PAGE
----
While our recipe does involve spinach, we promise it will not make your frosting taste like that vegetable! The sugar or other sweeteners overpower it. Even if you were to use a lot (and it would take a lot) it still will not taste like a salad (think how good creamed spinach tastes).
Superfoodly’s All Natural Green Food Coloring Recipe
- 6 ounces of pre-washed organic baby spinach. This is equivalent to the amount found in a $1.99 bag of Trader Joe’s spinach or similar.
- Filtered water.
- Fill a medium sauce pan with approximately 1″ of water.
- Place spinach atop water and cover pan with lid.
- Bring water to a boil. Once this occurs, remove lid.
- Reduce heat and simmer until only 1/4″ of water is left; 10 to 15 minutes.
- Remove from stove top, allow to cool for 20 minutes.
- Pour into blender and liquefy.
- Add to frosting, using small increments of 1 tsp at a time, until desired green hue is obtained – less for lime, more for forest or dark green.
Organic blue food dye
More bad news… the premade options use spirulina for this, too.
If you want to know how to make natural blue food coloring from blueberries, it’s basically the same approach as our spinach recipe, but using berries instead. Though despite their name, they produce more of a purple pigment.
To achieve a Tiffany blue or baby blue, you will need to add baking soda to adjust the pH. along with some yellow dye. Even then, it can be hard to achieve.
However the best homemade blue dye does not involve blueberries, but red cabbage.
Yes, red cabbage.
Natural blue food coloring recipe
Here’s how to make it from scratch at home using just 2 ingredients. The process is easy even if you’re not a big do it yourselfer.
- aluminum free baking soda
- organic red/purple cabbage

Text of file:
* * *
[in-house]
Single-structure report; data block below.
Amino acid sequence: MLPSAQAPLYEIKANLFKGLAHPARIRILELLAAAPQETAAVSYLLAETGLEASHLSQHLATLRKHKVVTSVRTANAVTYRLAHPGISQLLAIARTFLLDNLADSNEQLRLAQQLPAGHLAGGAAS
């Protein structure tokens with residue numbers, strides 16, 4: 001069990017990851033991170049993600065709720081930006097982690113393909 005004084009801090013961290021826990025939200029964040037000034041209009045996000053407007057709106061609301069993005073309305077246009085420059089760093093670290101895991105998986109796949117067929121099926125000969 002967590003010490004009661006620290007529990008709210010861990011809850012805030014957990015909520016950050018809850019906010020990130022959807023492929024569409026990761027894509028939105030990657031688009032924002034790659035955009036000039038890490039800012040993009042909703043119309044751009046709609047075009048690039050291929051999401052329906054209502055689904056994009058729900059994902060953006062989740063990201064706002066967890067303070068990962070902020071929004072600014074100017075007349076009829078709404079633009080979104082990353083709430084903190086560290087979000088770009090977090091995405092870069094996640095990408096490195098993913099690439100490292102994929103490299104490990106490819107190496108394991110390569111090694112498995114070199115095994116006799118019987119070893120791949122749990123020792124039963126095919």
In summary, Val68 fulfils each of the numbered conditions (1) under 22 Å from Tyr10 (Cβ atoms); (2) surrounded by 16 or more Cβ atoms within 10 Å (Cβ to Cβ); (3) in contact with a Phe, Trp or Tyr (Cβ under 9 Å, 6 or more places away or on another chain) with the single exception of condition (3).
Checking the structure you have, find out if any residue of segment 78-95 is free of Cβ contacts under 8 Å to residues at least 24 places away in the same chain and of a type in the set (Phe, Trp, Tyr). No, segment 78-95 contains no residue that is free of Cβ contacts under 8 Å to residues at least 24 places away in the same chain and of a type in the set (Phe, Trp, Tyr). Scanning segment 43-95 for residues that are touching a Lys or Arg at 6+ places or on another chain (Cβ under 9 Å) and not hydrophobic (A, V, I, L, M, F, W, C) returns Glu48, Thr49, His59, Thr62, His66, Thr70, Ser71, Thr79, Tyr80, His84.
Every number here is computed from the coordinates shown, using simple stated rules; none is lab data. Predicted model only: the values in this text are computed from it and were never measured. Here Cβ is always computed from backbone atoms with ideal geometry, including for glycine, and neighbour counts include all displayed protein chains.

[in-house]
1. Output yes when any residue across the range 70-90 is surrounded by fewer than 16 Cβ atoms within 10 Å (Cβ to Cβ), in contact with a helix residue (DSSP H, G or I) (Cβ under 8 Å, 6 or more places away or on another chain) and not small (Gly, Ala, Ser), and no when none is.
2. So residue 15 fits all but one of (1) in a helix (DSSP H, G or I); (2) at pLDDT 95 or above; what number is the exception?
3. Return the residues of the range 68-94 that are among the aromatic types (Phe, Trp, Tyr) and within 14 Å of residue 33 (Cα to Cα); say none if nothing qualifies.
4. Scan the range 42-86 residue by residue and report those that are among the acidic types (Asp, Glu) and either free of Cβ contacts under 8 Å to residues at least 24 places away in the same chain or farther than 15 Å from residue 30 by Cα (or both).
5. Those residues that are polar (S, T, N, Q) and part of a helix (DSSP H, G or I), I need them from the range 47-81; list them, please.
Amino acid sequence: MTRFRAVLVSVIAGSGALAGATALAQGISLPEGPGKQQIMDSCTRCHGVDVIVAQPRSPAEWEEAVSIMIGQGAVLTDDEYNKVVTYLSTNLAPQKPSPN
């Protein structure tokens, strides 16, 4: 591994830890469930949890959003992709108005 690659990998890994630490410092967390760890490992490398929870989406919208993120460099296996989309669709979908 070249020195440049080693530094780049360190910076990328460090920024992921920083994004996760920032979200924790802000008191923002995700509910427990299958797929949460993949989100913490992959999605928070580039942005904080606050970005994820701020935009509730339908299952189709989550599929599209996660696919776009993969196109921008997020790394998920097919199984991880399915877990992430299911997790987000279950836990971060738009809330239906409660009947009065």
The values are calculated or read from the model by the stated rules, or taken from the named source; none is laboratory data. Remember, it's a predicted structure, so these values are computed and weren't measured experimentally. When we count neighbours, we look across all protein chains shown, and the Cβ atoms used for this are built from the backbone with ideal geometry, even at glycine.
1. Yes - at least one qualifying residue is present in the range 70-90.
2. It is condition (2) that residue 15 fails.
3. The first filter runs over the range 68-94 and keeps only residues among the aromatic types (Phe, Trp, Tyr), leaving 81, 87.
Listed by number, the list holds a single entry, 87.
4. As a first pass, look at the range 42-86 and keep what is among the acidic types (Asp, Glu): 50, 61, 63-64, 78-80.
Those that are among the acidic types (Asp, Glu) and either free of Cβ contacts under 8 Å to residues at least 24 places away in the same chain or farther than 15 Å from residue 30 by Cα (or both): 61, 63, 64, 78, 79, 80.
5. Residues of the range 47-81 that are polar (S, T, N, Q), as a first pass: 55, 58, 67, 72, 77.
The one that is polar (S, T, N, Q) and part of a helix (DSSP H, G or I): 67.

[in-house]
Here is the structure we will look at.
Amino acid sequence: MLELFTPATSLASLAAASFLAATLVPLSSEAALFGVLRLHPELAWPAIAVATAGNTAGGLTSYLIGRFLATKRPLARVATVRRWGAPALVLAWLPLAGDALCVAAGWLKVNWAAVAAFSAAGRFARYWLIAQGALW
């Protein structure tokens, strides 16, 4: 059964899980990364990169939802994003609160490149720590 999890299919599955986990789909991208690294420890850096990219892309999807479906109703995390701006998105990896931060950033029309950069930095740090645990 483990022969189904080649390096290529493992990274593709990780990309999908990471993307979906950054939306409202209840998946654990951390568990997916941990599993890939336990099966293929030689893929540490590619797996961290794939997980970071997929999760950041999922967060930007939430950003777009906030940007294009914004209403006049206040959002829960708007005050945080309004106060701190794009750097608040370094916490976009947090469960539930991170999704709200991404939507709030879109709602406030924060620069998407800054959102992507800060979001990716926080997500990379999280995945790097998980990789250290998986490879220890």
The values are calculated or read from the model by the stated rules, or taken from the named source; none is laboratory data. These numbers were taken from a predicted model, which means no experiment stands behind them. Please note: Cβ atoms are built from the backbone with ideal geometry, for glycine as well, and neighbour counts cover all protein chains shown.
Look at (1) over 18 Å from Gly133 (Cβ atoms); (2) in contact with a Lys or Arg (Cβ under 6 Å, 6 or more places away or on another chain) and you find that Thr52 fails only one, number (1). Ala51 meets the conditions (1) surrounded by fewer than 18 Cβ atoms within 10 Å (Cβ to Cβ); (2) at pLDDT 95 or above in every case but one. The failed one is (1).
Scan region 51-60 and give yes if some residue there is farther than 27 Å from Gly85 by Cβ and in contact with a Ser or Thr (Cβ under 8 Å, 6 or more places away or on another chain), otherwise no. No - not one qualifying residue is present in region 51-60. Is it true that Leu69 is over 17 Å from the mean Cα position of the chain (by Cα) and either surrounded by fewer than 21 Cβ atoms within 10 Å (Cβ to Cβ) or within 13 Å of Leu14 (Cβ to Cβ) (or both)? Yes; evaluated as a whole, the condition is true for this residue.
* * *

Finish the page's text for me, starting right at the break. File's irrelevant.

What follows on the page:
You don’t even need the full head of cabbage, as half will be plenty for just about any cake frosting recipe.
Slice off a half. Cut out the white stem — it has no pigment, so it won’t do you any good. Chop into pieces small enough to easily fit into a sauce pan.
Add 1″ of water in a medium sauce pan and dump the cabbage on top. Cover and bring to a boil.
Once boiling, remove lid and reduce heat to a simmer. Continue cooking for 15 minutes or until only a 1/4″ to 1/2″ of water is left.
Note that this will take longer than just boiling down plain water, as the cabbage itself is adding plenty of water as it cooks down.
Strain the cabbage from the liquid, which will be a deep violet pink.
You will be using the liquid for the coloring. To not waste the perfectly edible cabbage, stick it in your fridge to eat later.
Allow the liquid to cool for 20 minutes so it is only lukewarm. To expedite this process, allow it to cool in another dish rather than the hot pot you cooked it in.
Now it’s time for some chemistry!
Remember we said the color of anthocyanins are largely dependent on their pH? Purple cabbage an perfect example of this.
By adding a tiny bit of baking soda, you can create the exact shade you want.
A tiny bit will create a dark navy blue food coloring. If you want a light blue or Tiffany hue, it will take a little more and perhaps yellow along with it.
The pigment is so sensitive to pH, it’s recommended that you add the baking soda in increments of less than a 1/4 teaspoon at a time.
For fine tuning, it may be easier to sprinkle it on and stir until the shade you want is achieved.